So as Ness’ life seemingly falls into place, Hetty’s spirals and this is where we get to the hard part of the discussion. It is clear that Hetty is not doing well, she isolates herself from Ness, she is consuming copious amounts of drugs, spending time with bad men and not taking care of herself at all really. This is where I consider the question, what obligation does Ness have to take care of Hetty? It is really tough to consider the role a friend must play in another friend's demise. How much can you really expect from your best friend/soulmate? Now, regardless of the answer to these questions, it doesn’t make the demise anyless tragic. But I think through this dynamic and demise, McPhee-Browne highlights the idea of the kinds of power we have as humans, or rather don’t have. In a positive sense, the power Ness has to branch out into a life that isn/t dominated by Hetty. However, in a negative sense it highlights how much power we don’t have when it comes to helping those in need. Through Ness, we are given the unfortunate duty of seeing a friend devolve and cease to be the person they once were, and the person Ness once loved so much. With this I found myself considering if Ness could have done more to help? And what responsibility did she have over this situation? I think McPhee-Browne shows us that we are never completely in control of a situation, you can try and help but if your friend is not willing to help themselves, there is only so much you can do. With this though, it is important to be reminded and remember that lack of help does not illicit possession of fault. It is easy to feel as though it is your fault something happened because you didn’t do more, but this is not the case at all. This reality then highlights the pain Ness, in turn, must grapple with and therefore the pressure she would feel as a friend. It is considerations like these that are the most, for lack of a better word, fucked, because you must make the choice between your soulmate and yourself. But given the choice, I would honestly say I’d move heaven and earth for my best friend if she needed it.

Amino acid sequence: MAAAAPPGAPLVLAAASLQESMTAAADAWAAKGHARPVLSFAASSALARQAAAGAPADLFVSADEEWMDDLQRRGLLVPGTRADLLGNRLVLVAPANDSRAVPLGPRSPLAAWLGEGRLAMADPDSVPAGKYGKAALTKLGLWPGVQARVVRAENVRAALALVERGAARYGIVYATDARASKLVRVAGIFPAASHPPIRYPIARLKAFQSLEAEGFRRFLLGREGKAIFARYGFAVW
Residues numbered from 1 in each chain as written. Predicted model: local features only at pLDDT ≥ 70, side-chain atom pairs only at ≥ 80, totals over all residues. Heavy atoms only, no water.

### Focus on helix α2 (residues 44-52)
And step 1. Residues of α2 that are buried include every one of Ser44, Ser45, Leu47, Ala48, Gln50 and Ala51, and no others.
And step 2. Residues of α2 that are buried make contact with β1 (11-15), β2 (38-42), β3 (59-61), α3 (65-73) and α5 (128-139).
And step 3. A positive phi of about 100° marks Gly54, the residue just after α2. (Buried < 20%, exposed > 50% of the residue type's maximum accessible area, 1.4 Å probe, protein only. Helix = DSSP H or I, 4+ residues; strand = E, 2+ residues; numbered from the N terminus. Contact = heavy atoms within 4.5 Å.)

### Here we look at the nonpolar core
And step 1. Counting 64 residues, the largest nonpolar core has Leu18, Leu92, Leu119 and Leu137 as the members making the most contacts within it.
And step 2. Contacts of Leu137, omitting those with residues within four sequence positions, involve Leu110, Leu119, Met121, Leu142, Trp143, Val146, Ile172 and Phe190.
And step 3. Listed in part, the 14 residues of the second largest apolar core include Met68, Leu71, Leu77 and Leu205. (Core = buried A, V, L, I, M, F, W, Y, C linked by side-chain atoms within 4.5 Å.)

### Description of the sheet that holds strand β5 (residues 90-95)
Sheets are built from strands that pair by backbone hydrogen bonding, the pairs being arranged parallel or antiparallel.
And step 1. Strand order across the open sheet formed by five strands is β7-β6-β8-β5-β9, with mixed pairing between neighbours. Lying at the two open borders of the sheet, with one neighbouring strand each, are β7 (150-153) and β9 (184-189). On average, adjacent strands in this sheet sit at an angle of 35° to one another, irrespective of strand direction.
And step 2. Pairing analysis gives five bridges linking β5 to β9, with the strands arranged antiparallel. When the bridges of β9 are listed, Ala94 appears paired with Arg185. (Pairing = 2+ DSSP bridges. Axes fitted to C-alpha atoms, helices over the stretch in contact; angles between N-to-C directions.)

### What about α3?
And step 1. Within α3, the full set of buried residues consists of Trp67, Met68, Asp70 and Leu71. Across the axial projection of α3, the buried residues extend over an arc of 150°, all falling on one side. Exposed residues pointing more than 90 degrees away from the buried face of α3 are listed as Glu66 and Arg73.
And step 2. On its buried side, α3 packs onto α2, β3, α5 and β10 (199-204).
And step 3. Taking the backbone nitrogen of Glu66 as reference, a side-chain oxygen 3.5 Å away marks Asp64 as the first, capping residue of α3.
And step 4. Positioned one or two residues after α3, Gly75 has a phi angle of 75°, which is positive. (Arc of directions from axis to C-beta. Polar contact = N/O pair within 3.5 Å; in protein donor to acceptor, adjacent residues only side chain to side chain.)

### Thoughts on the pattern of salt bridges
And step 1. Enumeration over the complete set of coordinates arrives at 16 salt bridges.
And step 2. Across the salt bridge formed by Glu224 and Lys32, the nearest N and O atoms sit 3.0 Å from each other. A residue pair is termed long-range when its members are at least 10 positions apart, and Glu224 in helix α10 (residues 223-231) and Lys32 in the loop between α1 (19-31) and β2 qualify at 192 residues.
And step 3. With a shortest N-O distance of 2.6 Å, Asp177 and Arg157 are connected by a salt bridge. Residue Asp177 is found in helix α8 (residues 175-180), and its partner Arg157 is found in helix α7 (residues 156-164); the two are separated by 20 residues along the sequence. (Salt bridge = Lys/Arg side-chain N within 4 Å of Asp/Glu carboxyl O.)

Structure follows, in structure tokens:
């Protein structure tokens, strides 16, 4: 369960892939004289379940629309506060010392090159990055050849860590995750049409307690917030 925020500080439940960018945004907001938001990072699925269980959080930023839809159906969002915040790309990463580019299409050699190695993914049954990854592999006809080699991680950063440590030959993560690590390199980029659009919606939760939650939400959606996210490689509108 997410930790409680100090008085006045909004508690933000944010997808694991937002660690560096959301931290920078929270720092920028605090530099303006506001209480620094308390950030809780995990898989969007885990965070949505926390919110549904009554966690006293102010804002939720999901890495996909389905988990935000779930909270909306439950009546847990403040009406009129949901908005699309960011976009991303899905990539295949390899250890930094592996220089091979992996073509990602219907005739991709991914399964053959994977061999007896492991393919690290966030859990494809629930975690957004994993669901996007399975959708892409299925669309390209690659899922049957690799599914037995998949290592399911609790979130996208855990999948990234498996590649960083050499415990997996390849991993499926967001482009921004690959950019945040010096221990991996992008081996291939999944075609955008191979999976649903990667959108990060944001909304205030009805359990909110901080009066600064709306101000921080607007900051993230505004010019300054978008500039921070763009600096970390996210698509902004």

I think this novel is important because it reminds the reader that even if you want to move heaven and earth you can’t, however, the intention is important and essential when rationalizing your role in such a dynamic. However, despite this, things that happen around you aren’t your fault and you have extremely limited control and power in the grand scheme of things. I think it’s pretty bleak to consider this reality, especially in the framework of trying to save your best friend from herself but also Ness did the best she could. That’s all we can ever ask of our best friends right? To support us the best they can? I found this novel to be extremely raw, as I have said, I felt the emotion to my core and while I have talked about alot of the really difficult parts of friendship, McPhee-Browne shows us the best parts of friendship too. McPhee-Browne’s ability to encapsulate a friendship of this depth in a book of 223 pages is a true talent, and a testament to her own writing as Cherry Beach is her debut.
This book was truly a gift. It reminded me of my own friendships, it reminded me of my own power and the power I have to uplift my friends, and put them on the pedestal they deserve. But it also reminded me of the reality of what I can do in life, which is only my best. Everything that happens around me, will happen around me no matter how much I wish I could change it. This book will always remain close to my heart and I hope it acts as a reminder to hug your friends a little tighter every time we see them. Cherry Beach was a true pleasure and whilst it hurt my heart, I will smile because I am grateful for the friendships I have that are synonymous to the ones that writers choose to write about.
223 pages. 2020.